In the middle of May I went on a one-night camping trip with some coworkers in Sugarloaf Ridge and immediately found myself dreaming of more outdoor adventures. With Memorial Day Weekend fast approaching I knew I needed a plan to get outside. After some deliberation, Jon and I settled on heading north, to explore around Mendocino.

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Since this trip was so action-packed, I’m going to split it into two separate posts. This one will be focused on the Glass Beach in Fort Bragg, while the next one will be about Russian Gulch.

Glass Beach

We arrived in Fort Bragg after a short drive from our campsite in Jackson Demonstration State Forest. We heard some of our neighboring campers talking about Glass Beach and decided to check it out.

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Years of dumping recycling into the ocean – a common practice for coastal cities back in the early to mid 1900s – has produced this beautiful phenomenon. Because of the way the large rocks are formed on this beach, the glass that is thrown into the ocean constantly tumbles about until it is washed up on shore with a smooth and frosty look.

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Look what I found!

Of course, after visiting this unique beach (technically there are three glass beaches; we were at Site 3!), we had to head over to the Sea Glass Museum.

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Located only 3.5 miles up the road from Glass Beach and run by Capt. Cass Forrington – a retired sea captain – the free Sea Glass Museum is a must see. The museum is loaded with cases of rare sea glass, including descriptions of what kind of object the glass came from.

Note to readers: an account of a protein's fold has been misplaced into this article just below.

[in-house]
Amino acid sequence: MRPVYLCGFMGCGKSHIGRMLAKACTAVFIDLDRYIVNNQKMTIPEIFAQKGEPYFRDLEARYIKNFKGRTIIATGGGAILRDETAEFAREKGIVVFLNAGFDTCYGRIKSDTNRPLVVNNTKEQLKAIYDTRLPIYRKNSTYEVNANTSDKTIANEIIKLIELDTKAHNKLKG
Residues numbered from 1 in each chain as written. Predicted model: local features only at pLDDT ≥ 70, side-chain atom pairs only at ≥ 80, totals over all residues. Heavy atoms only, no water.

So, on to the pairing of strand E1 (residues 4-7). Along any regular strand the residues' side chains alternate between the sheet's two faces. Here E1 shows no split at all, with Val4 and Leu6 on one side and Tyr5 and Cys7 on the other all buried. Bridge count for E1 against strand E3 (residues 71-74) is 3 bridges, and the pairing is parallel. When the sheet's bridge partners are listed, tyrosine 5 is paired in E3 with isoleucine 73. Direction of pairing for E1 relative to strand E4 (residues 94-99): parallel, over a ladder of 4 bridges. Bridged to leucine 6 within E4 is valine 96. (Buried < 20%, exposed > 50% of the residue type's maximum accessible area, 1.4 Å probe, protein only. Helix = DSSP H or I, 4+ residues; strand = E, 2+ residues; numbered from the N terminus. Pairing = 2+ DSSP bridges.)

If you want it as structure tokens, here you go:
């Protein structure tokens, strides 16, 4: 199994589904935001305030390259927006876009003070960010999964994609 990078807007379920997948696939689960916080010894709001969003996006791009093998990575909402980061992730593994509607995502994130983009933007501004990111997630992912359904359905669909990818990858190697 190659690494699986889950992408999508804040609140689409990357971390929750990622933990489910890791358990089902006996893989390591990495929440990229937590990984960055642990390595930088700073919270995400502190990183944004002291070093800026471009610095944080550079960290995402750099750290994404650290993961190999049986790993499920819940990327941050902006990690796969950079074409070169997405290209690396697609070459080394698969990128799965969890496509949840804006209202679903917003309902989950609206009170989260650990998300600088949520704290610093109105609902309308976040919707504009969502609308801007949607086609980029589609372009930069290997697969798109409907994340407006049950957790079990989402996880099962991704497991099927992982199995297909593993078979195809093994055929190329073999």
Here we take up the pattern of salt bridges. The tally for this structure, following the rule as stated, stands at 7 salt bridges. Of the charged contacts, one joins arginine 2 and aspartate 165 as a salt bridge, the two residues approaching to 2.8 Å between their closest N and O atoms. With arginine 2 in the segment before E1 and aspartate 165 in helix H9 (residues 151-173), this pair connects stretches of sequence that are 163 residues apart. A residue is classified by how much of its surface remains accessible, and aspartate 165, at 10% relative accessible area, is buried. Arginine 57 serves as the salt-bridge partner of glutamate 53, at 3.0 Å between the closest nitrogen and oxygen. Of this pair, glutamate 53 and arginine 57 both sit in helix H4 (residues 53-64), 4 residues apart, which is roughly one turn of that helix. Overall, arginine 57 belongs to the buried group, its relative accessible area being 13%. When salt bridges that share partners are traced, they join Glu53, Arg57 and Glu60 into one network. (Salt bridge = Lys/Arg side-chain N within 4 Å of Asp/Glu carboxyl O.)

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Some of it even glows in the dark!

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There is a whole room of black lights for the glow-in-the-dark sea glass.

After buying some handmade jewelry, we talked to Captain Forrington for a while. He told us that it is actually much better for the environment to throw our used glass into the ocean because once it is there, it will eventually wash up on shore where people collect and repurpose it for jewelry and crafts. According to the captain, Fort Bragg has been been trucking their recycling up into the mountains and burying it, which is harmful to the environment because of the resources required. Captain Forrington’s goal is to raise awareness and bring the sea glass back.

At the Sea glass Museum, you can actually buy a bag of glass to throw back into the ocean at Glass Beach to help replenish the supply. Of course, Jon and I had to partake.

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Bags of “seed” glass for sale, $5 each
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A piece of “seed” glass, ready to be thrown into the ocean.

Of course the sea glass isn’t the only great thing about Glass Beach. It’s also a picturesque coast line spotted with tide pools that are teeming with life.

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Collecting Glass

There tends to be some confusion when it comes to the legality of collecting the sea glass. Pure and simple: it is not illegal to collect sea glass. As for if you should, there seems to be two schools of thought:

  1. The glass should be enjoyed by all who visit, so it is wrong to take the glass home. Since recycling is no longer thrown into the ocean, the sea glass is not being replaced, so taking it means that someday the Glass Beach will no longer have its unique charm.
  2. Taking the glass and upcycling it encourages governments to recycle their glass in a green way, plus it adds flair, charm, and tourism to Fort Bragg this was Capt. Forrington’s argument!).

My opinion is that you should do what feels right to you. However, if you do decide to take some sea glass home, please head over to the museum to pick up a bag of seed glass to restock what you took.

Getting There

Glass Beach is located in Mendocino right off of Highway 1.

The Sea Glass Museum is also located on Highway 1 a little to the south of Glass Beach and is open every day from 10am-5pm.

 

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